Khan Academy

Khan Academy receives $5 million from The O’Sullivan Foundation

Khan Academy

Khan Academy announced a $5 million grant received by the O’Sullivan Foundation today. This is the second major grant Khan Academy received, the first one being $2 million by Google and Bill Gates.

The O’Sullivan Foundation’s support will be used to lay the foundation for three major initiatives:

  • growing the faculty of the Khan Academy;
  • extending the content to include crowd-sourced contributions; and
  • developing curricula for a blended physical and virtual academic experience.

Many, including myself, wondered if Sal Khan would remain the main voice of Khan Academy, writing and narrating all of the video lessons. According to the press release, this is not his intent at all.

“The answer is a resounding no. We’re simply looking for unique voices that get traction and engage with students. As we expand our faculty, we’ll enable more teachers to share their enthusiasm with kids everywhere.”

Just two weeks ago, Khan Academy announced that the faculty was joined by the two founders of SmartHistory, Dr. Steven Zucker and Dr. Beth Harris, and the goal with the new grant is to grow the faculty to at least five full-time-equivalent teachers and extending the range of subjects taught from primary STEM (Science Technology Engineering and Math) to the arts and humanities.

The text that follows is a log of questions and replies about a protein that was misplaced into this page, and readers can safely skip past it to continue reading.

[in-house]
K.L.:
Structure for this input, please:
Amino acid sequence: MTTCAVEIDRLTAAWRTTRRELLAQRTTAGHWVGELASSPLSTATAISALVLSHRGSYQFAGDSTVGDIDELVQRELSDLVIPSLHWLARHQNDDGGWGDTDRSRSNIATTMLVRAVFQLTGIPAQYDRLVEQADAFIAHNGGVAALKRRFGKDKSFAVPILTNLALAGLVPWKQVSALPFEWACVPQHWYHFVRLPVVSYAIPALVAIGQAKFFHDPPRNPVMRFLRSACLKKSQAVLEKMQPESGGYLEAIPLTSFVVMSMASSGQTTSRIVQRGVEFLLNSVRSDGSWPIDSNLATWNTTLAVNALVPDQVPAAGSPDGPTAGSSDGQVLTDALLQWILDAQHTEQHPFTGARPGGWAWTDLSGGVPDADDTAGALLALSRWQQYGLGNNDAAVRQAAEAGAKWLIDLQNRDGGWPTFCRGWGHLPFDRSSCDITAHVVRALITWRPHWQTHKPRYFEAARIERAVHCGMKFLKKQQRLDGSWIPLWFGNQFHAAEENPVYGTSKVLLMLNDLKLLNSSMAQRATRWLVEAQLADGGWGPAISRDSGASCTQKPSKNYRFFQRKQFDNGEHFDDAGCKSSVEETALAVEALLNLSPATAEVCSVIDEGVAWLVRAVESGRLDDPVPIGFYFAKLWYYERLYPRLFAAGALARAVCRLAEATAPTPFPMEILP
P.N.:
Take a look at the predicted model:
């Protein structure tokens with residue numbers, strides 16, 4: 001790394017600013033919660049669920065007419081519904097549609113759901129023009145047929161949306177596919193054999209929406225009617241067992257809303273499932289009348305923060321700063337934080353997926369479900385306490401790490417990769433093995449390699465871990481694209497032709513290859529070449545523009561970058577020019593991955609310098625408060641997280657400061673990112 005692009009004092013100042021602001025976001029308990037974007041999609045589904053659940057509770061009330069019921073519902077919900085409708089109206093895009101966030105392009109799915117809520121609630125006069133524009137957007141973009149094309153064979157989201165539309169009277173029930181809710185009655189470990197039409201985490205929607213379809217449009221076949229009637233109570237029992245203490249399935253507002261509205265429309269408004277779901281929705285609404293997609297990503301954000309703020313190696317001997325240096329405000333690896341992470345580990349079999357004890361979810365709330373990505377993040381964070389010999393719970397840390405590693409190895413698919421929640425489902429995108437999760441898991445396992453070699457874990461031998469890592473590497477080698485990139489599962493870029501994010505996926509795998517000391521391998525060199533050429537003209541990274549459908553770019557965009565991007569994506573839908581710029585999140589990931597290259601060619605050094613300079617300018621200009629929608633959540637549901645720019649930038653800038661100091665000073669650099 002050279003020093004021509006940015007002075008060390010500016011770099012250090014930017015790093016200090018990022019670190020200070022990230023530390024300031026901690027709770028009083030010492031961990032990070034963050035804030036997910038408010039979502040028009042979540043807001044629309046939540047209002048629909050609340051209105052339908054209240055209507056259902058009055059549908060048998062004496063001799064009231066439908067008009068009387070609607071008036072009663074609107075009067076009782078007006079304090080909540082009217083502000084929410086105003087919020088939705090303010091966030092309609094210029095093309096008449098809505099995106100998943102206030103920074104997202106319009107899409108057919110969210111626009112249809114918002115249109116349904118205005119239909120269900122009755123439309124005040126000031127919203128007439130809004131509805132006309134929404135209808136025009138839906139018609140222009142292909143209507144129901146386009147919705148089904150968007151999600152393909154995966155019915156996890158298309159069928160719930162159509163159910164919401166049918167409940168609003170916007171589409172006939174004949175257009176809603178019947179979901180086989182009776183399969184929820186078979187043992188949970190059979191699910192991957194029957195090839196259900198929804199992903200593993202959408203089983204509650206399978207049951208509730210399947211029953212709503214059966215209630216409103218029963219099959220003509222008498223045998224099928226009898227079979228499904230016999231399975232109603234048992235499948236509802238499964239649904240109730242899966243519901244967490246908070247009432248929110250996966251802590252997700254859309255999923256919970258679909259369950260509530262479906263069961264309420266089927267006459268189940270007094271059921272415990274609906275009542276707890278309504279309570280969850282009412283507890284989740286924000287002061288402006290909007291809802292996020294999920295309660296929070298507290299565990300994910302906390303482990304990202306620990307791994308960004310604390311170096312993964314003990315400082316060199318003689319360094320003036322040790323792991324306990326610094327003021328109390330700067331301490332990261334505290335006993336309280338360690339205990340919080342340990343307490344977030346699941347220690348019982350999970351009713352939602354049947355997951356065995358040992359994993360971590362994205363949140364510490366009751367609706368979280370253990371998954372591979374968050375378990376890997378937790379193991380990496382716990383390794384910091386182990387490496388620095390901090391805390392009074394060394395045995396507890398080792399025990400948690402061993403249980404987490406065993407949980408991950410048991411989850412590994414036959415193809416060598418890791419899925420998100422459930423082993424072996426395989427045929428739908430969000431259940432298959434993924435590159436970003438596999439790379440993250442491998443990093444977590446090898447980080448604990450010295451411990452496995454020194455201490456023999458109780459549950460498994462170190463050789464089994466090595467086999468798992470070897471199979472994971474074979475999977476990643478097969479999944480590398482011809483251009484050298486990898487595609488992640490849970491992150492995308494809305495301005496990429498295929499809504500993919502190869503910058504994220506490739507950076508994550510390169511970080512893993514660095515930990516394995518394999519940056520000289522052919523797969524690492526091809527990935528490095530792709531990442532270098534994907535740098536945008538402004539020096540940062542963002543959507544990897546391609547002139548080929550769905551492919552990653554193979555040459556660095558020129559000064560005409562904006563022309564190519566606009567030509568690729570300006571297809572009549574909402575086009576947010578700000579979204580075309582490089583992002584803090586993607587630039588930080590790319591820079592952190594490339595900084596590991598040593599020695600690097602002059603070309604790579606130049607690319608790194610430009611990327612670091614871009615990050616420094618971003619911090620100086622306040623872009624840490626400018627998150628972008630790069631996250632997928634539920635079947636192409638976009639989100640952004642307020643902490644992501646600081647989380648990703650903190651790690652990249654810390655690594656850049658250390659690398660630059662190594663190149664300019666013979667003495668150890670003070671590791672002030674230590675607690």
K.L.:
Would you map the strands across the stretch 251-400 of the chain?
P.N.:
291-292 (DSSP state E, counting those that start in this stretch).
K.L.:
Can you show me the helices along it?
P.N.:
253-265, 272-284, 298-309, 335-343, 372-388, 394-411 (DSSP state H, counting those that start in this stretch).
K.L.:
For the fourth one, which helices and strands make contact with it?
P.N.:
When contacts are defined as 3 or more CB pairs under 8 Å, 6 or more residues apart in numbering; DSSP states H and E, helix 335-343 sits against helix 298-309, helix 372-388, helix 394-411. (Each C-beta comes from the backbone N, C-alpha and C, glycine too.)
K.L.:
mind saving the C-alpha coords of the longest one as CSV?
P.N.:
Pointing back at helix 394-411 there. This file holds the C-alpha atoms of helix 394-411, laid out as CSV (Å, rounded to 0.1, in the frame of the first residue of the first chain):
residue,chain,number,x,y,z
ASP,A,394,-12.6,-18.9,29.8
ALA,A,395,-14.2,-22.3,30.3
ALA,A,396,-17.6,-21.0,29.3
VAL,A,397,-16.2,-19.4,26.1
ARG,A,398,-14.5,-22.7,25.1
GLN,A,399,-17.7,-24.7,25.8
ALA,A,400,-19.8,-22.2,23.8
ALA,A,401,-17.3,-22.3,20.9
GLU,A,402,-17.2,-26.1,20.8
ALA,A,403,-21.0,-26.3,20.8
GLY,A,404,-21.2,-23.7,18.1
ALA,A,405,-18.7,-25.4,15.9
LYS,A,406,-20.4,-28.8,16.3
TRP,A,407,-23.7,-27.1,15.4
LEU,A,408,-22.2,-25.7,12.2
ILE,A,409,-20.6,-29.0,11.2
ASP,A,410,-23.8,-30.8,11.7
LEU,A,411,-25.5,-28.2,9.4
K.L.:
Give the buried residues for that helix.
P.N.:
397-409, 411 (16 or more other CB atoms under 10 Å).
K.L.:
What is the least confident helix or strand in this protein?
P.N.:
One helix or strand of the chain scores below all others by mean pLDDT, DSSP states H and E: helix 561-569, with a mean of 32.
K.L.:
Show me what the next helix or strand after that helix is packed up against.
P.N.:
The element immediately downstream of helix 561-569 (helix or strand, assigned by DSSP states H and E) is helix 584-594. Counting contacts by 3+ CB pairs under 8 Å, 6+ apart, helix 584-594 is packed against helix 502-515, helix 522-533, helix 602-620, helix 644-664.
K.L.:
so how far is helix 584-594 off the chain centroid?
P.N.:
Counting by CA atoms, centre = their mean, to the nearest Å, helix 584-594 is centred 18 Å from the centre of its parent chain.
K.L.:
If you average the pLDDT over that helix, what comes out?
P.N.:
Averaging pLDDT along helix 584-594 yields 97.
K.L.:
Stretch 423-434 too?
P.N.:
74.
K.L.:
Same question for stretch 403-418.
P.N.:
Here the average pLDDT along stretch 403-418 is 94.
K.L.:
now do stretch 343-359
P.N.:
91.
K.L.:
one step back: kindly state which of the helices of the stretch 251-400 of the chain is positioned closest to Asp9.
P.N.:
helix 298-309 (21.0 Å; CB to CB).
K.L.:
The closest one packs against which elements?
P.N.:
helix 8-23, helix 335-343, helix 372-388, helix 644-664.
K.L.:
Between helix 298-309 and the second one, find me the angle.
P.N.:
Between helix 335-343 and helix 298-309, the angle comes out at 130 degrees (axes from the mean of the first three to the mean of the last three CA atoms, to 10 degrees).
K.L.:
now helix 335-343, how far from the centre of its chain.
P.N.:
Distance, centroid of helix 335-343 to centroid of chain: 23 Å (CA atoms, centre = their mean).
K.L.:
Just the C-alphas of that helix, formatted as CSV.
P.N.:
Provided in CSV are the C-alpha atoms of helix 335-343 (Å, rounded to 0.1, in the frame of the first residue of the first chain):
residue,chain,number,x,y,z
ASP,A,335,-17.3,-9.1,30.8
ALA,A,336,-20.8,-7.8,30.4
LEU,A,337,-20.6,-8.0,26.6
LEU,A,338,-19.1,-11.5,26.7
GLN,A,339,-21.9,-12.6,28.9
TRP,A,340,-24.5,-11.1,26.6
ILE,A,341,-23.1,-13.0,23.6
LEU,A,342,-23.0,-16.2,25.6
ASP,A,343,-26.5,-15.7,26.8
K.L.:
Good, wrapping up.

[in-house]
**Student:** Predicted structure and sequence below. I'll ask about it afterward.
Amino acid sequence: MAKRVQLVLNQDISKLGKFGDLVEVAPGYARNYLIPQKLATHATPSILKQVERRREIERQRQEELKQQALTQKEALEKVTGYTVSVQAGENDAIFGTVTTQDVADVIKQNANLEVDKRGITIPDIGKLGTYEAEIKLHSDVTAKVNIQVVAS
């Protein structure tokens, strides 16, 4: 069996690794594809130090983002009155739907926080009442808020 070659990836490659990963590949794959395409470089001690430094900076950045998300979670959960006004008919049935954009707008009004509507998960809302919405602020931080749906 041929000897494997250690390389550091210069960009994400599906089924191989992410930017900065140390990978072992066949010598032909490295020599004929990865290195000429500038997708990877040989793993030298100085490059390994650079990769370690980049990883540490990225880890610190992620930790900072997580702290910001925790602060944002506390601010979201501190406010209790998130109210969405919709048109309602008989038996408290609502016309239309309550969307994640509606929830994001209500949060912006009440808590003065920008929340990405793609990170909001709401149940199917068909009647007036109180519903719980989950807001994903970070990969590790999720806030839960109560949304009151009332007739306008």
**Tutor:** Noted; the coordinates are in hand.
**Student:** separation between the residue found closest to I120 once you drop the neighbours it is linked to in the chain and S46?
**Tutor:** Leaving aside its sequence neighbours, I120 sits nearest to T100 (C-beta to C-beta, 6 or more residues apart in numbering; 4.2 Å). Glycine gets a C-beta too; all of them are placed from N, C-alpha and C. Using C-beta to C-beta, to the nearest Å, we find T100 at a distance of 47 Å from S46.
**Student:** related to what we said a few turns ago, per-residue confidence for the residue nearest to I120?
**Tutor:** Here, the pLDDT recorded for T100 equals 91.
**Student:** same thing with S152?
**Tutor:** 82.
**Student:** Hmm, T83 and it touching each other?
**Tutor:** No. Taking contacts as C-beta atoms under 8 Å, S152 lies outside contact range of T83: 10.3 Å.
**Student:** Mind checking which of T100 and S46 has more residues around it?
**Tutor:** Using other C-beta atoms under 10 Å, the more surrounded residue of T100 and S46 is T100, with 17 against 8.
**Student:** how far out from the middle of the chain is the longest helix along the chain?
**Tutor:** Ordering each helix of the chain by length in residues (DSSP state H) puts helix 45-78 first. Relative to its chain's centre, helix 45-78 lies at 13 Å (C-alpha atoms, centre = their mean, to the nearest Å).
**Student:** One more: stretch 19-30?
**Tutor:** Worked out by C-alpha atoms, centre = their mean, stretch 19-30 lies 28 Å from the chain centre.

The second use for the grant is the creation of a crowd-sourced content management and curation system for the Khan Academy. The goal is to enable teachers around the world to share their own content outside of the institutions they are teaching in and it will give the Khan Academy more data through the the tools and analytics the platform is providing.

The third use of the O’Sullivan Foundation grant will be in the development of a testbed for physical programs and K-12 curricula. As online learning is only a part of the bigger picture for Khan and the O’Sullivan Foundation, they want to test new forms of learning and curricula during a summer camp in Northern California. Parents, who are interested in letting their children participate starting in June 2012 can sign up at:

The real-world testbed will make projects, simulations and explorations that create a fully compelling blended learning experience between the virtual and physical worlds.

Source: MarketWatch

Kirsten Winkler is the founder and editor of EDUKWEST. She also writes about Social Media, Digital Society and Startups at